(Accessed 13 July 2013)
A Comparison of Frameworks Evaluating Evidence for Global Health Interventions
Jill Luoto, Margaret A. Maglione, Breanne Johnsen, Christine Chang, Elizabeth S. Higgs, Tanja Perry, Paul G. Shekelle
PLoS Med 10(7): e1001469. doi:10.1371/journal.pmed.1001469
Published: July 9, 2013
:: Evidence-based decision-making is critical to informing policy in global health interventions and programs.
:: Existing frameworks for evaluating evidence that were developed or recommended for community or public health decision-making vary in their criteria and application.
:: We compared how different community or public health evidence frameworks assessed the same body of evidence for three advocated global health interventions and find there can be substantial differences in the rating of evidence, which could contribute to differences in policy recommendations.
:: All current frameworks emphasize effectiveness, and have shortcomings on other important factors into policy decision-making such as costs, implementation issues, context, and sustainability.
:: As global health policymakers move towards evidence-based approaches, we find a gap between what is currently available and the needs for an evidence framework appropriate for application to a global health setting in a low- and middle-income country context. More work is needed to either adapt one or more existing frameworks, or to develop an entirely new framework to meet the needs of policymakers and others responsible for implementing global health interventions.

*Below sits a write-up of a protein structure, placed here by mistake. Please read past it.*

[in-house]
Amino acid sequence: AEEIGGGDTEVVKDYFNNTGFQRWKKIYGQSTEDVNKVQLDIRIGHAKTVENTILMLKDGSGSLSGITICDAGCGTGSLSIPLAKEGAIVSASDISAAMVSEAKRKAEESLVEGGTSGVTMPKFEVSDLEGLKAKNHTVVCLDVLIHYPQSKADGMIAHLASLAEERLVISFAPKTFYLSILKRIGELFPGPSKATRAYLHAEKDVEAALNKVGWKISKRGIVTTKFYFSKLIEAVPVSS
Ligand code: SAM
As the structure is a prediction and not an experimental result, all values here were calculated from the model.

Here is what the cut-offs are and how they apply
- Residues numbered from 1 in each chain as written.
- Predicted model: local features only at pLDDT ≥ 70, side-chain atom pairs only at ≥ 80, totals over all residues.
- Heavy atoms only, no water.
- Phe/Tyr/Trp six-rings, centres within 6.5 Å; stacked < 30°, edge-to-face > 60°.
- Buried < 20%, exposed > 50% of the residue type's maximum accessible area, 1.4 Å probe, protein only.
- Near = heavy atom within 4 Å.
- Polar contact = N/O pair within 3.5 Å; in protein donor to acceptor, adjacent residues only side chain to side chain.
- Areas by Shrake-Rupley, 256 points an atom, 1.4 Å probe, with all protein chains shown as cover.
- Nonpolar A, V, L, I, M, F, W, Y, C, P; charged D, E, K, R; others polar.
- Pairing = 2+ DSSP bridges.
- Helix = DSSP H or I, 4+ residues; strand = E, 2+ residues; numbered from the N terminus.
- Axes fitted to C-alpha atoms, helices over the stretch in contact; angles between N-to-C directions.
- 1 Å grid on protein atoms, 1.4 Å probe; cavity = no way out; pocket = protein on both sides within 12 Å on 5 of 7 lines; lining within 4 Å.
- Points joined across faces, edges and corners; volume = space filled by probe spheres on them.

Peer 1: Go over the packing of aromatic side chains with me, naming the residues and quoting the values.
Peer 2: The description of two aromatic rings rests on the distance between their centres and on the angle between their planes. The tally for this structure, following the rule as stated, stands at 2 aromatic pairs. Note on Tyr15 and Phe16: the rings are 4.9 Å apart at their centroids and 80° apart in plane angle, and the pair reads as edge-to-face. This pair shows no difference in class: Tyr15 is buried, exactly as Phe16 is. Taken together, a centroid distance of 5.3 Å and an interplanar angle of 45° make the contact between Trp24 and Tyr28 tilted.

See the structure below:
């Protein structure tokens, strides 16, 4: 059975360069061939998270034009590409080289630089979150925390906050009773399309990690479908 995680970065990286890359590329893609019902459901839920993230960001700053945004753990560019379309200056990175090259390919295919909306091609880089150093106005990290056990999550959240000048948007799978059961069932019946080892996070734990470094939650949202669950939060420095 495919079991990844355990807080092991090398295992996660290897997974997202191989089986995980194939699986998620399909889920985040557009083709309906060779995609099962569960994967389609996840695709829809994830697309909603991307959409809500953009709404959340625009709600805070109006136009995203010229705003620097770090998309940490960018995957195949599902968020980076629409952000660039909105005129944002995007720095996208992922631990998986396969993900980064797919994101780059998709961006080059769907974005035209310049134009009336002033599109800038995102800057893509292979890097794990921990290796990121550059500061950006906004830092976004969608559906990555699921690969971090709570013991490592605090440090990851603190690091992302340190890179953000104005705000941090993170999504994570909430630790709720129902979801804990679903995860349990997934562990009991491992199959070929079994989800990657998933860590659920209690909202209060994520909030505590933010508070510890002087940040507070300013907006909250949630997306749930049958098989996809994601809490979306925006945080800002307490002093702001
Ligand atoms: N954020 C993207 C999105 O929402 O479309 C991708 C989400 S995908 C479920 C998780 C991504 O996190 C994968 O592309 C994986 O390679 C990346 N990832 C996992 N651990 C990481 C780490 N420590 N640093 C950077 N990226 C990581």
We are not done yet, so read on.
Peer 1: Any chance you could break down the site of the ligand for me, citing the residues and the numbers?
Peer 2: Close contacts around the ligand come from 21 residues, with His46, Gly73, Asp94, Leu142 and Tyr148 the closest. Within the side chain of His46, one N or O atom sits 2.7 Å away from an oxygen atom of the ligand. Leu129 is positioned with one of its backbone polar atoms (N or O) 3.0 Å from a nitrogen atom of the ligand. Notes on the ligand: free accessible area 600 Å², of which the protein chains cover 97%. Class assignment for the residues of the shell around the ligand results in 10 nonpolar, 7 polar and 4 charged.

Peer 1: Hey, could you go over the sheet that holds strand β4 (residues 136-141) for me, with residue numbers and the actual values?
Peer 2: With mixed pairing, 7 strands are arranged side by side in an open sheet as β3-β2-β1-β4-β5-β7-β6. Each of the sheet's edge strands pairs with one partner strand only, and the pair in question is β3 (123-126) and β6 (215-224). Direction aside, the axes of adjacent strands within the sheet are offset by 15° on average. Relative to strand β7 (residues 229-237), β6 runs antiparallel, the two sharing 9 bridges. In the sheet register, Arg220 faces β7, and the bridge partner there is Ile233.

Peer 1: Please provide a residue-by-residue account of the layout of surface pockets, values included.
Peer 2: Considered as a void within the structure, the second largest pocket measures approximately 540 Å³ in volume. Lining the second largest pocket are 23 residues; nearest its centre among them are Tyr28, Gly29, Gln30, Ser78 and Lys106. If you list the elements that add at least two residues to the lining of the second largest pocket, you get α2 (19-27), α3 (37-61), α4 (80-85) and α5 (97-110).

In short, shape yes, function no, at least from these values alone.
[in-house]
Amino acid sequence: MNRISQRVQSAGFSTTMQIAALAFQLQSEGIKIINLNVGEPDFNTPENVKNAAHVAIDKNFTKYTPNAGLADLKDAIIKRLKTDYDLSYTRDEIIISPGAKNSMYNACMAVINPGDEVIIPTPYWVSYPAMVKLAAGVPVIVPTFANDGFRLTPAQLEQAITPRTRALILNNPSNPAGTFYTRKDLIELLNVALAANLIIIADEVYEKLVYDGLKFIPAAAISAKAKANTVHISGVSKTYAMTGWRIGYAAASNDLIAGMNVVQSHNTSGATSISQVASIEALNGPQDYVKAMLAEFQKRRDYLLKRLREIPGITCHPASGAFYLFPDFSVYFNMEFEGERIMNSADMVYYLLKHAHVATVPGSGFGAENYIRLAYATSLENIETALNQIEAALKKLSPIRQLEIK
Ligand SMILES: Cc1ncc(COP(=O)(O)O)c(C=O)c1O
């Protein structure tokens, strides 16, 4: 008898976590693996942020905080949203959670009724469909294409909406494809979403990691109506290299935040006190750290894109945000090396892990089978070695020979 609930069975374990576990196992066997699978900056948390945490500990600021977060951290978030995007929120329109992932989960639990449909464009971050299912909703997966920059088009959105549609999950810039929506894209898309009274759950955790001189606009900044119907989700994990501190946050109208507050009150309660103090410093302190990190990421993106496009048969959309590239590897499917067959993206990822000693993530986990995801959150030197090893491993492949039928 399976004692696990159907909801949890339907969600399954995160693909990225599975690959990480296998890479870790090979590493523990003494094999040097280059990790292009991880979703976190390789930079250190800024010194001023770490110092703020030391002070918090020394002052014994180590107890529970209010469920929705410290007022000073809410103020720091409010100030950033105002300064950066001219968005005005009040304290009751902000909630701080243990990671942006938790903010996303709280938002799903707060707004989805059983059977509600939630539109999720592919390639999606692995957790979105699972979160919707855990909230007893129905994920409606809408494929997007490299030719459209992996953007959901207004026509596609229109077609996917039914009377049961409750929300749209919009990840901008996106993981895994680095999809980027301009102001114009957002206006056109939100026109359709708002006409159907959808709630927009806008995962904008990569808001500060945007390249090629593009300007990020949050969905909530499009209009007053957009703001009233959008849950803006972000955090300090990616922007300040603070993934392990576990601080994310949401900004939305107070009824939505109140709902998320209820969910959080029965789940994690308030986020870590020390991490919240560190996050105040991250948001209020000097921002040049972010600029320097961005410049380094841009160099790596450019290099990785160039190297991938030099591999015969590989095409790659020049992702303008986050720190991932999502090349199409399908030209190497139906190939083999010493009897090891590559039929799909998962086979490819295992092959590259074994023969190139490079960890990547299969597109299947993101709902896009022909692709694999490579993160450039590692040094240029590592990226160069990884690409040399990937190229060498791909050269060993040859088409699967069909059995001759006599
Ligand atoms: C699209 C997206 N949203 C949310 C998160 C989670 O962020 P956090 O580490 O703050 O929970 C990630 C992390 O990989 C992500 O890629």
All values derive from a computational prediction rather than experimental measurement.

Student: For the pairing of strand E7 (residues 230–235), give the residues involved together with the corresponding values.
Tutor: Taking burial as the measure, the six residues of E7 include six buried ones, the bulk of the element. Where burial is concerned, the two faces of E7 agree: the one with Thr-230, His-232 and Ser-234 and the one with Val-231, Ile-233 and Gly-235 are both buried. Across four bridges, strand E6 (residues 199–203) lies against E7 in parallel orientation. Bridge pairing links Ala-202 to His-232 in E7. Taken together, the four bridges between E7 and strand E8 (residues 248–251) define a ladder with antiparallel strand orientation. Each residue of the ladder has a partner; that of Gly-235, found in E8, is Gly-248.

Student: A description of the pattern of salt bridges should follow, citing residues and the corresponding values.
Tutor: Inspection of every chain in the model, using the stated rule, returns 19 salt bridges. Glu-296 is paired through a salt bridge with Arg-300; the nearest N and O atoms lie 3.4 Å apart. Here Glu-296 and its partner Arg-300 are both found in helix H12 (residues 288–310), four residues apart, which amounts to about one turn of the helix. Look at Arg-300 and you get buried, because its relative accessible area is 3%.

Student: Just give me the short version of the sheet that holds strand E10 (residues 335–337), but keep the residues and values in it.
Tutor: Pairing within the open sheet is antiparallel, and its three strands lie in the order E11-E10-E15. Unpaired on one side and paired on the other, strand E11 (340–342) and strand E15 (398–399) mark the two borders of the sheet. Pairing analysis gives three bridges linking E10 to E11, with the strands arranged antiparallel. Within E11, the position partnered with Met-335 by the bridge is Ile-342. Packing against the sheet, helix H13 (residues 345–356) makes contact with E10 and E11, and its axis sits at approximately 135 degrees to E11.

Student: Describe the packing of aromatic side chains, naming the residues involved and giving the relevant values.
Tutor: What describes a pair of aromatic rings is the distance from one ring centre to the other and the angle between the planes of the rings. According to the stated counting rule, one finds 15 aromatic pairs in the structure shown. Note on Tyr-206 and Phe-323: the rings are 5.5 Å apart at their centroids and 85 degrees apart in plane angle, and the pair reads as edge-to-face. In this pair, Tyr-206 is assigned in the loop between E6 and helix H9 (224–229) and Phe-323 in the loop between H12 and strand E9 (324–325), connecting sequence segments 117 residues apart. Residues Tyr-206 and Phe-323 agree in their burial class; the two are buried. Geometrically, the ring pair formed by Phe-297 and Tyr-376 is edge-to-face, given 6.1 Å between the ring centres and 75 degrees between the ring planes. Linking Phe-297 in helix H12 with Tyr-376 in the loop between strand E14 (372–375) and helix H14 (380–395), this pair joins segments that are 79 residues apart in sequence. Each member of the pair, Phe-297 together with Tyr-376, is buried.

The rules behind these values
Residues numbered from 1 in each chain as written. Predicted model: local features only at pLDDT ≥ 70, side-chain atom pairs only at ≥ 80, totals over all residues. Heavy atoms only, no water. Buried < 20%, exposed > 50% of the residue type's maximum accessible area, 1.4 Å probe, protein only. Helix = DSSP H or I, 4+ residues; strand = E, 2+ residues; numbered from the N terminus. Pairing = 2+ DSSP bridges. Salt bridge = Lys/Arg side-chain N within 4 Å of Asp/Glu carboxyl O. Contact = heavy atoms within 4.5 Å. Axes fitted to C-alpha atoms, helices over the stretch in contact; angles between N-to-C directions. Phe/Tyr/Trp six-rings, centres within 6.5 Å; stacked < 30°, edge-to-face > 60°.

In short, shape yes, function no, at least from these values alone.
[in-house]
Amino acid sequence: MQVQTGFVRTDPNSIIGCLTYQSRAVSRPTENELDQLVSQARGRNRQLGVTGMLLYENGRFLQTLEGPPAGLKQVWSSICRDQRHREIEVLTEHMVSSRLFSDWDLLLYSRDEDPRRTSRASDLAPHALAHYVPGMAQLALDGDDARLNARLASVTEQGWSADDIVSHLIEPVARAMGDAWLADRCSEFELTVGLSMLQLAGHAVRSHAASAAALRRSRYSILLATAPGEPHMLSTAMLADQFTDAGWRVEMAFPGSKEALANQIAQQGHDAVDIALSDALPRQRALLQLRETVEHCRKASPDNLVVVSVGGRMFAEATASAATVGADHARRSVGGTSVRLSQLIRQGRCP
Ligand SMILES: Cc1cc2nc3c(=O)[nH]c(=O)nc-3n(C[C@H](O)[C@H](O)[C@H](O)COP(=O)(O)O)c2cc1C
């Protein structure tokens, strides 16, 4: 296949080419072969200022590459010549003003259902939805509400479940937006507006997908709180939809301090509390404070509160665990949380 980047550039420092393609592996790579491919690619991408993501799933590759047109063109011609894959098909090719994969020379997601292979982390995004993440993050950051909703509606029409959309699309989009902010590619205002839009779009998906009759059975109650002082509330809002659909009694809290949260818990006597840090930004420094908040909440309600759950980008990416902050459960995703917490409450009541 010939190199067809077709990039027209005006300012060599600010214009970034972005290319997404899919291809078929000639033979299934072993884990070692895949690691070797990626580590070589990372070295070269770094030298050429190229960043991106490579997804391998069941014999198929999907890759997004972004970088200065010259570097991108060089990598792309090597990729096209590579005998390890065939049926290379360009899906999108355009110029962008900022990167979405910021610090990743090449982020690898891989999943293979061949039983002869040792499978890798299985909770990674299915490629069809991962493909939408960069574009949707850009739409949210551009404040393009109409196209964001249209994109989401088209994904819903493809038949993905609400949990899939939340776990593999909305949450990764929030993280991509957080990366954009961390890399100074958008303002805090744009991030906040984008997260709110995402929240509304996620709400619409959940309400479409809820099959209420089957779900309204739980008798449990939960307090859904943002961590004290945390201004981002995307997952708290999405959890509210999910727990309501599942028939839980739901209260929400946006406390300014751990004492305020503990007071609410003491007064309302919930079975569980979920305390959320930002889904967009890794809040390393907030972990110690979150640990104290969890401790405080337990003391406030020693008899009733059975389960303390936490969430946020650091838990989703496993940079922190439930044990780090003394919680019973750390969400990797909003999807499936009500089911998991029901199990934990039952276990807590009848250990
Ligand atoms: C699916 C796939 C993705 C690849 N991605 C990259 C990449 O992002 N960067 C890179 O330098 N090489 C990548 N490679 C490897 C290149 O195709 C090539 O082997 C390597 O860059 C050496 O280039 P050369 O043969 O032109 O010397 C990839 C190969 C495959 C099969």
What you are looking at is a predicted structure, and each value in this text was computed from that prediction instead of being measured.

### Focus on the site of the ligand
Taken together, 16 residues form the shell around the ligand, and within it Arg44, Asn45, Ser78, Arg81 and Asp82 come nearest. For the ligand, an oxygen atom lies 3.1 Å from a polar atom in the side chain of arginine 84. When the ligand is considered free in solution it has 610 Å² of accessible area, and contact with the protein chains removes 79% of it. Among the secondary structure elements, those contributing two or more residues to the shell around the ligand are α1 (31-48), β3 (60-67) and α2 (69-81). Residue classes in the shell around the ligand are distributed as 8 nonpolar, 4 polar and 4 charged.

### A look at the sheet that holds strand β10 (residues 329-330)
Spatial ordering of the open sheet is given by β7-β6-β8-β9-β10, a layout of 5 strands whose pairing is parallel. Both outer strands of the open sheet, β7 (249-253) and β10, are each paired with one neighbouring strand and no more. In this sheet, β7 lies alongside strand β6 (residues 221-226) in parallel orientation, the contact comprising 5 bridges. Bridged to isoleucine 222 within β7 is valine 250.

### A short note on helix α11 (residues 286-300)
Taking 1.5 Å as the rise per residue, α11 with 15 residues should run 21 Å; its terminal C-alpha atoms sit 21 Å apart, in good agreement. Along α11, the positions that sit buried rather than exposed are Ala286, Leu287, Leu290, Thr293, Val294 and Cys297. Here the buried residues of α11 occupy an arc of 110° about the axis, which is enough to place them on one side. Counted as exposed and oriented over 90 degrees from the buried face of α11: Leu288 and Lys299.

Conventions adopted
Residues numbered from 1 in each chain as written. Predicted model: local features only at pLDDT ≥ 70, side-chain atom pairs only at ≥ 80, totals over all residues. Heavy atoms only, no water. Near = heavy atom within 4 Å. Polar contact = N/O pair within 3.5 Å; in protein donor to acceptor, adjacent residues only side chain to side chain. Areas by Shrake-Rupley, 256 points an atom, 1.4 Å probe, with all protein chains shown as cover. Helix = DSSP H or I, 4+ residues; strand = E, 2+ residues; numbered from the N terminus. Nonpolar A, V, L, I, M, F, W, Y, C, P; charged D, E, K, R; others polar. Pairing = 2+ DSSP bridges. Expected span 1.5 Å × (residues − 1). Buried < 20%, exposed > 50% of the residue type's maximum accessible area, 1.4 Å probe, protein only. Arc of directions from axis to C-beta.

A major movement in global health and development in the past 10 years has been the enthusiastic adoption by many of randomized controlled trials (RCTs) from the field of medicine to represent the most rigorous method to evaluate a program’s causal impact –. More recently, this movement has brought about a conceptual debate in global health and development about the proper role for RCTs in informing policy, with increasing efforts to “mind the gap”  between the evidence generated by RCTs (which focus on internal consistency) and the larger policy questions at the level of communities or populations (which require, among other things, generalizability) ,–. The field of medicine that developed the RCT also developed the concept of “evidence-based” medicine that aims to improve health policy decision making by encouraging policymakers to base their policies on the best available evidence. Large international policy-making bodies appear set on applying a similar concept to global health and health systems research ,. In order to be evidence-based, decisions about global health interventions must consider the available evidence in terms of its quantity, quality, and relevance. Rather than use implicit judgment or other ad hoc methods, in evidence-based medicine it is now advocated and common practice to use a formal framework for considering the evidence as part of a systematic review, the advantages of which include increased transparency and better decision-making. Formal frameworks for evaluating evidence about community-level public health interventions have been proposed and advocated for similar reasons –. These frameworks differ in the degree to which they weight the importance of data from RCTs as compared to data from other study designs, the magnitude of potential benefits and harms, the role of context and implementation, and other factors. At present, there are no commonly accepted guidelines within global public health for how to evaluate evidence, and there is scant evidence to guide policymakers when selecting a framework to use for assessing a body of evidence about a global health intervention. We sought to assess how summary conclusions about the evidence for interventions or programs currently in use or proposed for wide adoption could be influenced by the choice of framework. Consistent results across frameworks would increase policymakers’ confidence in using and applying evidence frameworks, and may thereby help to narrow the gap between the questions asked by global health researchers and policymakers. Inconsistent results would call for a re-examination of current frameworks in terms of the domains they assess and the ways in which they are applied.